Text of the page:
Heart Scarab

By
Ashley Fiutko Arico
Ashley Fiutko Arico is a Ph.D. candidate in Egyptian Art and Archaeology in the Department of Near Eastern Studies at Johns Hopkins. She is currently working on her dissertation, which examines Egyptian statuary excavated in the Levant.
and
Kierra Foley
Kierra Foley is currently a Ph.D. student at the University of Chicago, studying Egyptian Art and Archaeology in the Department of Near Eastern Languages and Civilizations. She graduated with a B.A. in Near Eastern Studies and the History of Art from Johns Hopkins in 2014. During her time at JHU, she worked as an undergraduate collections assistant at the Johns Hopkins Archaeological Museum.

FIC.07.165

Accession number: FIC.07.165

Measurements: Length: 6.48 cm; Width: 4.38 cm; Thickness: 2.47 cm

Material: Stone

Date: New Kingdom, 18th-20th Dynasty, ca. 1550-1069 BCE

Provenance: Unknown

Back of heart scarab.

Back of heart scarab.

Description

This heart scarab is carved from a piece of dark gray stone. The bottom is divided into eleven horizontal rows, ten of which are inscribed with Book of the Dead spell 30B written in neat hieroglyphs that read from right to left.

 

 

Discussion

The scarab’s association with the daily rebirth of the young sun god, Khepri, gave the beetle a prominent role in funerary contexts. Since the sun was thought to die each night and be reborn each morning as a scarab beetle, the beetle took on significant regenerative powers. It was beneficial to the deceased to harness these powers so he or she could be reborn into the afterlife — in the same way the sun was reborn every morning at dawn.

Side view.

Side view.

Scarab amulets’ powers of rebirth and renewal were utilized to aid the dead and they could either be placed in the tomb or within the deceased’s mummy wrappings, particularly atop the heart. The heart was very significant for the ancient Egyptians, as they believed it to be the seat of the mind. When an ancient Egyptian died, it was thought that their heart would be weighed against a feather by the funerary jackal god Anubis before a panel of forty-two judging deities at the threshold of the netherworld. If the heart was lighter than the feather, the deceased would pass to the next life successfully. If it was not, he or she would then be devoured on site by a hybrid hippopotamus monster and cease to exist for eternity.

These funerary scarabs could be inscribed on the bottom with a Book of the Dead spell, usually spell 30b like on FIC.07.165; these so-called “heart scarabs” are attested from as early as the Thirteenth Dynasty (ca. 1773-1650 BCE). Book of the Dead spell 30b, titled “Chapter to prevent the heart of the deceased creating opposition to him,” would be said to ensure the deceased’s safe passage into the netherworld. Specifically, it has instructions to help the deceased pass before the weighing of the heart ceremony successfully. Aside from their inscriptions, heart scarabs are easily recognizable due to their large size.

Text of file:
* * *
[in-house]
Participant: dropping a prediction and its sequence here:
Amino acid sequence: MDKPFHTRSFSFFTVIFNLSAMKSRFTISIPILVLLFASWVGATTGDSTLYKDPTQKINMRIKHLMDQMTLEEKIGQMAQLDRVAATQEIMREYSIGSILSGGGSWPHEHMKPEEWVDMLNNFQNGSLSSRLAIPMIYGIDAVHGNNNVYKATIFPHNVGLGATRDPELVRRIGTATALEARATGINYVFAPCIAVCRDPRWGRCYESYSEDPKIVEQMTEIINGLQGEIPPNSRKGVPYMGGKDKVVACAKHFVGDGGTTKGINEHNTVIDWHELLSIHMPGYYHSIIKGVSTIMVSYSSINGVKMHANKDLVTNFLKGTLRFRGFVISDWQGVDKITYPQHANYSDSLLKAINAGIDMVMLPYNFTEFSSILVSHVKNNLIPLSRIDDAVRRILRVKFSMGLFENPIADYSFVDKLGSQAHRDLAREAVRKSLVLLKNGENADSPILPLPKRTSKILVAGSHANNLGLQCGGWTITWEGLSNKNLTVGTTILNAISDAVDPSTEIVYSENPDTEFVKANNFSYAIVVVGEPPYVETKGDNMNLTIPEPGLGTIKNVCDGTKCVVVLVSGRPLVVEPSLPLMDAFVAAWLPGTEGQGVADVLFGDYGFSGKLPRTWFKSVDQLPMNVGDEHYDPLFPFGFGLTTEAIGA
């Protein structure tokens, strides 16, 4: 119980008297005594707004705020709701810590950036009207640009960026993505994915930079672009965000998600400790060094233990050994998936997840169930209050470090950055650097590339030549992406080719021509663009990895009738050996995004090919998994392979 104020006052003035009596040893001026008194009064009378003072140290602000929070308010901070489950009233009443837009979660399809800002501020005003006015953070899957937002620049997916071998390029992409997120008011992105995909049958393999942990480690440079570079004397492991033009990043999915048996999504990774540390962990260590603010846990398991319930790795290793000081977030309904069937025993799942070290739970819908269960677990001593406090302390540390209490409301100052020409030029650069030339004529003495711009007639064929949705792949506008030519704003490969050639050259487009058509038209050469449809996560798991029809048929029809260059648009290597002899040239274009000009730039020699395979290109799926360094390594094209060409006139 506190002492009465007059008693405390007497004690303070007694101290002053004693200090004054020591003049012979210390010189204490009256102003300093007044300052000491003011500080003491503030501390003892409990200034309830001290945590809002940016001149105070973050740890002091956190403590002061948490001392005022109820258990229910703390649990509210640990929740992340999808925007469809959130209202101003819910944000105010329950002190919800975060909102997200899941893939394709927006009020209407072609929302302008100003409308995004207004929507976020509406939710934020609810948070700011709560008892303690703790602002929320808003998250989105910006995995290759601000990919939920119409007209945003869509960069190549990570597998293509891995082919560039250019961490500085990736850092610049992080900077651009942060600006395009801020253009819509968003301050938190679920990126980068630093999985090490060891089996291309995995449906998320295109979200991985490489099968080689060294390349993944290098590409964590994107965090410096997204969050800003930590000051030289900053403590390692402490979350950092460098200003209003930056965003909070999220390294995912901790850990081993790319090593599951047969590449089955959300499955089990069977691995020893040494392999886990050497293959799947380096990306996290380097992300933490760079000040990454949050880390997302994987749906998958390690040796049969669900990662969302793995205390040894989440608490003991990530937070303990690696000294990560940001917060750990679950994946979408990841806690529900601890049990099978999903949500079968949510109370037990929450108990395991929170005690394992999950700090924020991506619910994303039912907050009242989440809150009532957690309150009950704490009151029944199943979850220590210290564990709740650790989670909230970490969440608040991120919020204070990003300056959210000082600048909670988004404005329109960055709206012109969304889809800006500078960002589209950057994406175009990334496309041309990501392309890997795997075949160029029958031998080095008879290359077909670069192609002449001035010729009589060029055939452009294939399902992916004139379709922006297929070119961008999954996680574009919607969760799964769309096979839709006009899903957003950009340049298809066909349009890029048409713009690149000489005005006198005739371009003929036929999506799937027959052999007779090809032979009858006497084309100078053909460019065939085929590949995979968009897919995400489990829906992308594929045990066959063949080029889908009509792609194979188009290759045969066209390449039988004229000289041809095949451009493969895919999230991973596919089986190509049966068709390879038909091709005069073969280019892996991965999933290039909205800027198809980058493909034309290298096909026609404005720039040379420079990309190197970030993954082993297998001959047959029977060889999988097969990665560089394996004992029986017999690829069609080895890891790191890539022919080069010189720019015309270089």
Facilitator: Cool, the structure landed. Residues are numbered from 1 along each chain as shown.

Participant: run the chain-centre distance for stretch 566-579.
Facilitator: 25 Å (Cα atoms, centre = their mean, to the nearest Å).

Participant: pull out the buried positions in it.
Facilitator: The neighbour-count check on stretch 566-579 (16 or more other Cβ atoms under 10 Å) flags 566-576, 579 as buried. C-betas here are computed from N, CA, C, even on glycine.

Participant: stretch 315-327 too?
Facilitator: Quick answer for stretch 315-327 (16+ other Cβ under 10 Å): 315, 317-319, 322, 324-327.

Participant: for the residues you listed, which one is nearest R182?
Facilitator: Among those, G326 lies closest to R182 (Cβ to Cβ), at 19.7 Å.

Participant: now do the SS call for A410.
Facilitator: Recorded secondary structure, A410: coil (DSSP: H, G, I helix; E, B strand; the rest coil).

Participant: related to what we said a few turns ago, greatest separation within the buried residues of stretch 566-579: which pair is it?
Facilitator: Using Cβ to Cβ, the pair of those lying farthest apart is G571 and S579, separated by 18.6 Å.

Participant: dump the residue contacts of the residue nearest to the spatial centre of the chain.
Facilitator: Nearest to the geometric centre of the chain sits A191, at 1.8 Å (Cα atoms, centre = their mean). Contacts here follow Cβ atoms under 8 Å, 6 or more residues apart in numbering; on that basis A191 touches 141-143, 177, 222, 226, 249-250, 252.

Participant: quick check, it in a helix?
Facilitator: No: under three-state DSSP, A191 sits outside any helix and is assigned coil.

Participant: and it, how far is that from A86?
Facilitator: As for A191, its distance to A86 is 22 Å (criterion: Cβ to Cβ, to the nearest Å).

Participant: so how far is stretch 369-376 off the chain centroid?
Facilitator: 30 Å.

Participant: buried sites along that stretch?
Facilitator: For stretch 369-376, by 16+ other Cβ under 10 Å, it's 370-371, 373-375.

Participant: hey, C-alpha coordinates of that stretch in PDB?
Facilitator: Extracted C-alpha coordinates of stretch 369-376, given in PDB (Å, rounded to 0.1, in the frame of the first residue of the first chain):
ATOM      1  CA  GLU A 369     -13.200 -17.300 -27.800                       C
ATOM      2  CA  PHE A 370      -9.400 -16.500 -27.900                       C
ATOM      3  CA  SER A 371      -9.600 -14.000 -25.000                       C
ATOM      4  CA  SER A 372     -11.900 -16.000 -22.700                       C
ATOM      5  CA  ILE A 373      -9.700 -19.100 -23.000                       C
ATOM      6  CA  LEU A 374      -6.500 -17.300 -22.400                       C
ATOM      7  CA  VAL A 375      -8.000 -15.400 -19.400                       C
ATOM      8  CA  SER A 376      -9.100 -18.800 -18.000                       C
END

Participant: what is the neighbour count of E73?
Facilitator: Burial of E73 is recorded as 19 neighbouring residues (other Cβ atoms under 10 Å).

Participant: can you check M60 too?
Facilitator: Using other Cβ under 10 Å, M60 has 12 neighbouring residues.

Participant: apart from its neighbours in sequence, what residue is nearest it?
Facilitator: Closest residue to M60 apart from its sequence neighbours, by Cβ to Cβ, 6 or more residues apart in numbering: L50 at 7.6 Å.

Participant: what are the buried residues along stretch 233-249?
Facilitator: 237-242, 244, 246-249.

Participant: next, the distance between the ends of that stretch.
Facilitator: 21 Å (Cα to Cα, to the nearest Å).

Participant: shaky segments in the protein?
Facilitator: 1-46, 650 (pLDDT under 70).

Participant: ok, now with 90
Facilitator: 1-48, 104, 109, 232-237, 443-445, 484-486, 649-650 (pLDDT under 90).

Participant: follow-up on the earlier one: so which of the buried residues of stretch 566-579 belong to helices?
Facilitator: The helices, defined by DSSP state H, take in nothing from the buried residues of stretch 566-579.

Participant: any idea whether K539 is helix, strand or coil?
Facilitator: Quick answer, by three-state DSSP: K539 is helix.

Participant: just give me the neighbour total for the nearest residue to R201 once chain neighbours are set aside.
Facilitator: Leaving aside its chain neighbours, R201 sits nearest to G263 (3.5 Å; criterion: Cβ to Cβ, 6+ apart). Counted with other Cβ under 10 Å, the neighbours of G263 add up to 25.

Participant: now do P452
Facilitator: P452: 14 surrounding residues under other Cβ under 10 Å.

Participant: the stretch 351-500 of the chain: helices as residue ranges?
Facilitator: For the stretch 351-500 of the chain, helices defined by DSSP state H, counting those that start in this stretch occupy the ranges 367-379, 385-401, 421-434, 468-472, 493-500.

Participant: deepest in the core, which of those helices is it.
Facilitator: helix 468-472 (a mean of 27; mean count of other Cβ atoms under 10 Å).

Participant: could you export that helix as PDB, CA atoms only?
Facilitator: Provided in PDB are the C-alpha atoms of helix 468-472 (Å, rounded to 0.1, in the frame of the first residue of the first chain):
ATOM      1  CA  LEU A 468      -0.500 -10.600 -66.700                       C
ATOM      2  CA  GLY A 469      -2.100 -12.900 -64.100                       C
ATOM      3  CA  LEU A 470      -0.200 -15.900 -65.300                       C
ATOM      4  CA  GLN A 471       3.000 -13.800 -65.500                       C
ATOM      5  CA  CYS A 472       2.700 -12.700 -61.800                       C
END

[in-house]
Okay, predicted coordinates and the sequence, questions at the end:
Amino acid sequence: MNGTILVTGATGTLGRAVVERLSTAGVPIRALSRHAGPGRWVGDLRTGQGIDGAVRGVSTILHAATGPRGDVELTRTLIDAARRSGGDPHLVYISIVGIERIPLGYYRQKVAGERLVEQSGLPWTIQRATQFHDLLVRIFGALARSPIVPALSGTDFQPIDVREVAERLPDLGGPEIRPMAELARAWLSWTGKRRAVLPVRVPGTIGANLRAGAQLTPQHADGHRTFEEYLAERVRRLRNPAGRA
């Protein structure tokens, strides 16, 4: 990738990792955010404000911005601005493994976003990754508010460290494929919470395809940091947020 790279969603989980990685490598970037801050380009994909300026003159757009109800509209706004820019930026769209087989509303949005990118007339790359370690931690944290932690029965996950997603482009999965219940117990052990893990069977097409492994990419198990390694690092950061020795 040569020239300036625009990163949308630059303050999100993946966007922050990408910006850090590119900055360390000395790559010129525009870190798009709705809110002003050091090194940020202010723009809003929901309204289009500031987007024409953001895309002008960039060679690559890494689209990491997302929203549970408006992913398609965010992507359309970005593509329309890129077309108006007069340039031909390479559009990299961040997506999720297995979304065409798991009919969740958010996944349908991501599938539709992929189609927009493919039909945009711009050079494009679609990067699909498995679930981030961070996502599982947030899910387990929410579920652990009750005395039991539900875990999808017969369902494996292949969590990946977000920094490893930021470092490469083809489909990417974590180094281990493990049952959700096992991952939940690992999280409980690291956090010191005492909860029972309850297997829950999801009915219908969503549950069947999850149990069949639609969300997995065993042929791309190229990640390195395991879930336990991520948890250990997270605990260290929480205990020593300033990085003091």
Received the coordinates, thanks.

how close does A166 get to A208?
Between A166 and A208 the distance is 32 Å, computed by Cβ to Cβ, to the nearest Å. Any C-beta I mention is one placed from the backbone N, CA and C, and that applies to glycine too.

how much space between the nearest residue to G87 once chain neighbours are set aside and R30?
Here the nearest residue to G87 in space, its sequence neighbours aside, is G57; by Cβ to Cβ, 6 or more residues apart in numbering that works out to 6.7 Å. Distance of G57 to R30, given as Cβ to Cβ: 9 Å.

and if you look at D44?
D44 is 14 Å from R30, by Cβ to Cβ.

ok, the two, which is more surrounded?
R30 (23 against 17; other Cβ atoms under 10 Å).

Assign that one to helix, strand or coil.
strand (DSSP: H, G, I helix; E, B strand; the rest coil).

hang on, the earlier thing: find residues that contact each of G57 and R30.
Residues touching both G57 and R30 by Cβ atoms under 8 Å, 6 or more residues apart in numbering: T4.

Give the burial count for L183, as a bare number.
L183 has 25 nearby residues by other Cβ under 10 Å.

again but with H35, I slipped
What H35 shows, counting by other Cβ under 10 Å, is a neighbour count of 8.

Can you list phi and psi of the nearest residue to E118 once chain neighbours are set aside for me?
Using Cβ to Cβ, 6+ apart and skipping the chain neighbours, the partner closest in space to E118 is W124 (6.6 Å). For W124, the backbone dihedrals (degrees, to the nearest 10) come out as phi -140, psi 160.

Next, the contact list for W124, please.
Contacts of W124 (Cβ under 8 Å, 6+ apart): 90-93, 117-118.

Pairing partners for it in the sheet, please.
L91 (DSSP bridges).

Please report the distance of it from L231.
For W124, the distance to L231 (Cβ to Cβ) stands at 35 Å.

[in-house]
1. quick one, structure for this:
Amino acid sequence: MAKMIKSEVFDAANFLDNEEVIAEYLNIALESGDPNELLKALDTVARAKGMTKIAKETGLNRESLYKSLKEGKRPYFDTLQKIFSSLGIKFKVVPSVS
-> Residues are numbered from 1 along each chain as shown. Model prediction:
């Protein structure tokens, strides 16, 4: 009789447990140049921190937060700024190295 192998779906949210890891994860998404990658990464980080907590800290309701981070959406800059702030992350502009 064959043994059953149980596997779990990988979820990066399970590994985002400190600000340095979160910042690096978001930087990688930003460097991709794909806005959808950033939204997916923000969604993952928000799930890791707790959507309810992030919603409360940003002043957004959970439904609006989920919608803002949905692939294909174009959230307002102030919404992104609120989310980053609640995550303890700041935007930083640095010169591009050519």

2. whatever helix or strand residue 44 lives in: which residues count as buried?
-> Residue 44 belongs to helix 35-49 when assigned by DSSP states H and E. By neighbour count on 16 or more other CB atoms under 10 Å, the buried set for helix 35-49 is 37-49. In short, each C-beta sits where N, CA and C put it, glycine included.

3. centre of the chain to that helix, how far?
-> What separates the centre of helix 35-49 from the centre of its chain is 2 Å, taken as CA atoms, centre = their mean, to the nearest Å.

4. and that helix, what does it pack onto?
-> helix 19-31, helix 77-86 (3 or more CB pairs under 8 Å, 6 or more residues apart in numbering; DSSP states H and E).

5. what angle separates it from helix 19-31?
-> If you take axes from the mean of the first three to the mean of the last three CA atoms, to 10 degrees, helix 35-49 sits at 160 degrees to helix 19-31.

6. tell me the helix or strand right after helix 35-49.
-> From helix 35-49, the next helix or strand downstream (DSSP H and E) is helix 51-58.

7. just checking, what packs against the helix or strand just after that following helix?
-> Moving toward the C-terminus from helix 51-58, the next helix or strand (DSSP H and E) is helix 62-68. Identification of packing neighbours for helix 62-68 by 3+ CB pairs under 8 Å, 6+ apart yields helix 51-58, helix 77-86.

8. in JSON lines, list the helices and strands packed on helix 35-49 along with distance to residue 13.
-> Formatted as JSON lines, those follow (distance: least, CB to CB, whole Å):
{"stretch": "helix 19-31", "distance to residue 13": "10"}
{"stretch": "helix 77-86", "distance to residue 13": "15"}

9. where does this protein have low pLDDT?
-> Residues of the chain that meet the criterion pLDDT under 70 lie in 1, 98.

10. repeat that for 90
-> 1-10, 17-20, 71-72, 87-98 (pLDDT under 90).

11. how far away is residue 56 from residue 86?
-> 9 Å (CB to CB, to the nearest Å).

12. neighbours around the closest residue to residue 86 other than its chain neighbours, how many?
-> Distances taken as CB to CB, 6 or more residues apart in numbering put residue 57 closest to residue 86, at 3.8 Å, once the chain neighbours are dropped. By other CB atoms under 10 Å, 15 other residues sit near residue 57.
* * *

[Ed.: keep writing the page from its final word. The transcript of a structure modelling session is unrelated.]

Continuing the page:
Translation

He says: “Oh my heart of [my] mother! Oh my heart of [my] mother! My heart of

my different ages! Do not stand as a witness! Do not

oppose me in the tribunal! Do not show your hostility

against me before the Keeper of the Balance! For you are my ka which is in

my body, the protector who causes my limbs to be healthy! Go forth

(for yourself) to the good place to which we hasten! Do not cause our name to stink

to the entourage who make men in

heaps! What is good for us is good for the judge! May the heart stretch (i.e. be happy) at the verdict! Do not

speak lies in the presence of god! Behold

You are distinguished, existing (as a justified one)!

References

Andrews, Carol, 1994. Amulets of Ancient Egypt. Austin: University of Texas. 50-60.

Andrews, Carol, 1991. Ancient Egyptian Jewelry. New York: Harry N. Abrams, Inc. 191-6.

Malaise, Michel, 1978. Les scarabées de cœur dans l’Égypte ancienne. Bruxelles : Fondation Égyptologique Reine Élisabeth.

Pinch, Geraldine, 1994. Magic in Ancient Egypt. Texas: University of Texas. 27.

Sarr, John, 2001. Highlights of the Gayer-Anderson Scarab Collection. Portland: John Sarr.